To Mr. Lyons
Dear Mr. Lyons, 12 September 1946
I'm fully aware of the fact that it must be a most bewildering business to a rational American to collide with such strange a psychology as mine.
It seems to be full of the most unwarrantable contradictions.
On the one hand you ought to know more about my work and on the other hand you have no chance to talk to me.
I understand that such a situation is more or less incomprehensible but I should advise you to read something about Zen Buddhism.
I have written a little introduction to one of Suzuki's books and you might get hold of one of his volumes.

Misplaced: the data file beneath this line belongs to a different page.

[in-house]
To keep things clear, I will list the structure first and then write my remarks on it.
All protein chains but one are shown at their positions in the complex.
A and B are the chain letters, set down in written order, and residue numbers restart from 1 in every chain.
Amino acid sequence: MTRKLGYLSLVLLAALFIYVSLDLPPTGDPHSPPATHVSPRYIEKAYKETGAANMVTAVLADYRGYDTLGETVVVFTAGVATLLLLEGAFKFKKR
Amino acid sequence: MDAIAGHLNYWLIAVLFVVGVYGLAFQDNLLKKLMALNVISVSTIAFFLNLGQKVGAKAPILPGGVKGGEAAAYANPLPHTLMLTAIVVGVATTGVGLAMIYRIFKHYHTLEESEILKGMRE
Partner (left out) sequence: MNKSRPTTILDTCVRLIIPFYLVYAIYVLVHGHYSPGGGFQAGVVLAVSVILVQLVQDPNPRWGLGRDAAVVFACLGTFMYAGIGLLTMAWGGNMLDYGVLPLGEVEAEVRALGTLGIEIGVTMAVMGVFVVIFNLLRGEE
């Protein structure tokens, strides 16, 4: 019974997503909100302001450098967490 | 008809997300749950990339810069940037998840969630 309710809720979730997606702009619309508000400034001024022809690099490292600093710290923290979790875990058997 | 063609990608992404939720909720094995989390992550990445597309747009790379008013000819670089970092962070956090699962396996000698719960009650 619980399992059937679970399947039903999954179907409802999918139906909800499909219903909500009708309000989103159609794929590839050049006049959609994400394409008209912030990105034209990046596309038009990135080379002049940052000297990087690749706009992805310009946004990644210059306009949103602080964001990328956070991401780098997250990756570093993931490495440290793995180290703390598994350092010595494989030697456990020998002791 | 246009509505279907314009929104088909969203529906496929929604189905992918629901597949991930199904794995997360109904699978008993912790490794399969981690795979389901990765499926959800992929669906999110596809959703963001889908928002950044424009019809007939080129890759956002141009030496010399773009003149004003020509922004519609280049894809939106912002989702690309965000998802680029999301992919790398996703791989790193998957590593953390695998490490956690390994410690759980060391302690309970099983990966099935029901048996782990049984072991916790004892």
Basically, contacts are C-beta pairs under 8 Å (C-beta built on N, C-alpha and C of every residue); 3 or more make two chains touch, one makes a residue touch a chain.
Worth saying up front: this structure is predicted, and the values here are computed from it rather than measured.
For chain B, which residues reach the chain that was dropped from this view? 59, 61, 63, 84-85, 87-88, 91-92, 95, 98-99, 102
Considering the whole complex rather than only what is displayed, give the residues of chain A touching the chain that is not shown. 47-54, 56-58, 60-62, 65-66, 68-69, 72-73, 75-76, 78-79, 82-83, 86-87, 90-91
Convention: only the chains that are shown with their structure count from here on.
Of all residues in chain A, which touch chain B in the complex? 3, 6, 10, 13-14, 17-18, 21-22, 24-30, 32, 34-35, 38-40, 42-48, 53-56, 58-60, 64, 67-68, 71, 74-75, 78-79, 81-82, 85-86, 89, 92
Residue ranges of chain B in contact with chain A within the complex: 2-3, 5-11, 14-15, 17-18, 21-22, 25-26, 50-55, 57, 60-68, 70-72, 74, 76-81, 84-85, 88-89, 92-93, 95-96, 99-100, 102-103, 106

That would give you a certain idea of what you are up against.
One can indeed use analysis as an escape and one has to be quite particularly careful in your case that such a thing does not happen, because you must learn to use your own powers and the more one helps you to do so, the more one hinders you.
There must be a certain optimum and this consists in seeing me and not seeing me, both in the right proportions.
The right proportion, however, cannot be established by man alone.
It will be established by peculiar circumstances over which we have little or no control.
Presumably you come across myself in the right moment and then you gain something, but if you try to force circumstances it is quite likely that you don't hit it off.
Our last meeting in Ascona was absolutely on the right line.
Such a thing can happen again .
In the meantime you must hunt alone and seek it where you find it.
C.G. Jung ~Carl Jung, Letters Vol. 1, Page 441.